You know the age old tale of what it’s like to be a first, second or even third year teacher and all the hustle and grind that it is. You get to work before 6 AM and you leave sometime after five or 6 PM and probably still have more papers to grade or lessons to plan once you get home and a lot to do on the weekends. And that’s just to keep your head above water.
As if those first years of teaching aren’t bad enough it’s as if the universe looked at me and said just wait. At the start of my fourth year of teaching I became a mother and everything changed.
Suddenly what had been my absolute top priority, which was teaching even above my marriage, sad to say it but true because I’m such a workhorse and so professionally focused, but motherhood shook the bedrock, if you will, of my priorities. And I had no clue how to deal with that when my identity had been so wrapped up in who I was as a teacher.
And that is where this episode comes into...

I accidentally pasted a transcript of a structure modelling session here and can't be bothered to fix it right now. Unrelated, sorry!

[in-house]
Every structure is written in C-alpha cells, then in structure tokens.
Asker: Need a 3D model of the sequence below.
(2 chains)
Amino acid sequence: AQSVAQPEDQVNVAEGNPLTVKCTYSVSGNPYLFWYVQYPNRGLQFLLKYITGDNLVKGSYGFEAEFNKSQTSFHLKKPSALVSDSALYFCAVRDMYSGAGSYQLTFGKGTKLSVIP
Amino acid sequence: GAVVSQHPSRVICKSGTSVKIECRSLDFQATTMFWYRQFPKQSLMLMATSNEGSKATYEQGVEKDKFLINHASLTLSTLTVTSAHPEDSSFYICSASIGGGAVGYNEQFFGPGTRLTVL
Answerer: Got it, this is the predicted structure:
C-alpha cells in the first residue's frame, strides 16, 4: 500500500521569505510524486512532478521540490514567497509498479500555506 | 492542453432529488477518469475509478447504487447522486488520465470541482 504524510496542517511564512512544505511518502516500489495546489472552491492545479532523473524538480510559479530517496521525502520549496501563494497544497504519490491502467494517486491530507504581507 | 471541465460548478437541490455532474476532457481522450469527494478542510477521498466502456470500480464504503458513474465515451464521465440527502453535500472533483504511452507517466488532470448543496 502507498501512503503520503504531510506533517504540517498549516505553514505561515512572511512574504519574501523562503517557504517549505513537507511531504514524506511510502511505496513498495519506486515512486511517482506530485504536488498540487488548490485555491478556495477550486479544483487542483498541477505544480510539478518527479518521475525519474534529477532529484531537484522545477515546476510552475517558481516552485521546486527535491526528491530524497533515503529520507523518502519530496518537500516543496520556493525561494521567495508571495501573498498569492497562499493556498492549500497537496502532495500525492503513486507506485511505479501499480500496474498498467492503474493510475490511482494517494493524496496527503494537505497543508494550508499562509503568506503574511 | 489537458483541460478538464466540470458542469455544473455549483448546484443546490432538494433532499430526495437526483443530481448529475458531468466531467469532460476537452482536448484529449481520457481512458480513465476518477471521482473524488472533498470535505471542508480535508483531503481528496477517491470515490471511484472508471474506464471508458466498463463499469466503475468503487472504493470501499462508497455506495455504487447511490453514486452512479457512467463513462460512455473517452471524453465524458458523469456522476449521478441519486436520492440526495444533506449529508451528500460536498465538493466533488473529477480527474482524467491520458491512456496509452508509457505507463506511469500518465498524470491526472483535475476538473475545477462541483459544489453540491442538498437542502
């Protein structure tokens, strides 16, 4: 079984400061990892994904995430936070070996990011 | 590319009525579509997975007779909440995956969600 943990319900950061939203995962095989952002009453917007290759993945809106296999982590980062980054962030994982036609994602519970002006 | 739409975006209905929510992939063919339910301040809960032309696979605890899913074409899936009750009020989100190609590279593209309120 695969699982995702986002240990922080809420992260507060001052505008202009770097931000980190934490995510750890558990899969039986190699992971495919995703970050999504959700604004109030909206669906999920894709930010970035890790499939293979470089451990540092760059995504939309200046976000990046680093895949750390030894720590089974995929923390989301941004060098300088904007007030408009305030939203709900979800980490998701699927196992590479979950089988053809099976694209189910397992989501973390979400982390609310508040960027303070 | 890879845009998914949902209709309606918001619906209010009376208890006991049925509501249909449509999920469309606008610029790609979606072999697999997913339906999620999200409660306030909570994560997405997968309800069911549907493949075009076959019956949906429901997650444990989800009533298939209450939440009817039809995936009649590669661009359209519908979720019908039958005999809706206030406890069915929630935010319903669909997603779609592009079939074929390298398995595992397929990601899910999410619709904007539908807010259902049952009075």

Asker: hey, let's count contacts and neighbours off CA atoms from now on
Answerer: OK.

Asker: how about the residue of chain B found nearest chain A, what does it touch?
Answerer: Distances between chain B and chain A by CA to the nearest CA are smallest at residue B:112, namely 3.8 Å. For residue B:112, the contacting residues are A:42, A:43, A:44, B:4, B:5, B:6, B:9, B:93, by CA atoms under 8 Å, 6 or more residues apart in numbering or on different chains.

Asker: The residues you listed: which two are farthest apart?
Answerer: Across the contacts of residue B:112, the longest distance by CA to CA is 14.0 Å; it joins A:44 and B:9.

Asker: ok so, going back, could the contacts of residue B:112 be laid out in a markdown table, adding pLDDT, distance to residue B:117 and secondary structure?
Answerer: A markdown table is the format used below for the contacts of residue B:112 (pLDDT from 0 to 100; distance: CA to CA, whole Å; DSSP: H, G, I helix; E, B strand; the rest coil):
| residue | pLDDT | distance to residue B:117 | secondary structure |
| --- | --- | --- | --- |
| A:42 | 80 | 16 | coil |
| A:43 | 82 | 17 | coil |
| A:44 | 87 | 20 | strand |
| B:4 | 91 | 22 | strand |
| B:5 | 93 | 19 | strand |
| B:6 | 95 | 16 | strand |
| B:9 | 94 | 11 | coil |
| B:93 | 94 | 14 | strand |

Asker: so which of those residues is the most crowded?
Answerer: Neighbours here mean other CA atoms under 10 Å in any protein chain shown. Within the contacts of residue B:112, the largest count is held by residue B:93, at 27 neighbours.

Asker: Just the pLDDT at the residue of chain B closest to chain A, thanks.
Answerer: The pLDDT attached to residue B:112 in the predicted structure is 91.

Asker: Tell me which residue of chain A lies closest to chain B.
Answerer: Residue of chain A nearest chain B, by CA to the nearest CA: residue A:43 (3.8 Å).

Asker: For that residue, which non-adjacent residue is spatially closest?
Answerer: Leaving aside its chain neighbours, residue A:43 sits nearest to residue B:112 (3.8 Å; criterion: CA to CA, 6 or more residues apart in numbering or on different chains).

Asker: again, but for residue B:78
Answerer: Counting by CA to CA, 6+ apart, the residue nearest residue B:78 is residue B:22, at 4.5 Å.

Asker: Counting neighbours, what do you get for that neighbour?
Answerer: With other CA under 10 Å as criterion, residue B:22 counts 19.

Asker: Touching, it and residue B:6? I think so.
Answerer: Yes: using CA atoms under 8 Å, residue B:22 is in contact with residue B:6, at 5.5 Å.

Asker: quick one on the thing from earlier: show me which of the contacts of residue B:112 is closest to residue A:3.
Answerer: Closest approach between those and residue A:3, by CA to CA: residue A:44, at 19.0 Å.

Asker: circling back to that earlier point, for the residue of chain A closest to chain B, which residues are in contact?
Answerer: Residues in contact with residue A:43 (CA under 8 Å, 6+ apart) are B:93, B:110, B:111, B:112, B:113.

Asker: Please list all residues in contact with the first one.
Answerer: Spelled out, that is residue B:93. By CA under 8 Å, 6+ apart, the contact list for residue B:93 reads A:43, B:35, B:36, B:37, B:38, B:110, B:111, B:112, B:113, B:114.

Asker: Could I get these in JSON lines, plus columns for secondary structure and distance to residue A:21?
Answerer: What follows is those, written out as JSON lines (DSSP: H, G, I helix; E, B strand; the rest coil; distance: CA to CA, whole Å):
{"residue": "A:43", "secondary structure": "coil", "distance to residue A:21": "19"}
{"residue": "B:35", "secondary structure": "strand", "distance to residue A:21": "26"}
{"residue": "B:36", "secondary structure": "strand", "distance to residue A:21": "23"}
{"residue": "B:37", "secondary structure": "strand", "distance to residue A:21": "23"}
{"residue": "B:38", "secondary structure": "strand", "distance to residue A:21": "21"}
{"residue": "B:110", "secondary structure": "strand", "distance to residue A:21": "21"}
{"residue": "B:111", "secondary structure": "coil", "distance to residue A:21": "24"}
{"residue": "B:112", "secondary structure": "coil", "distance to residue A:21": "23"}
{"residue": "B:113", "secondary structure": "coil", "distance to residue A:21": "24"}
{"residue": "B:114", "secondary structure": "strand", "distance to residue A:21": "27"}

Welcome back to the Teacher Health series here at Teach On A Mission. I'm so glad you decided to carve out some time to join me in this reflection and consideration of ways we can build up teachers and bring them a healthier lifestyle.
In last week's post, Part One of our Teacher Health series, I shared some details around the not-so-secret trend that's occurring in education today... teachers not entering the field in the first place and teachers leaving the field once they get there.
I believe that this exit of teachers en masse is largely due to the unsustainable, super-human pace that's necessary to be effective and a "good" teacher.
This week I'm going to start by sharing a little secret of mine. One that, now that I think about it, I don't think I've even mentioned this to my husband.
It's not a dirty secret, per say, but it's one that reveals my flawed perception of the teaching field when I first entered it and, therefore, the larger, collective...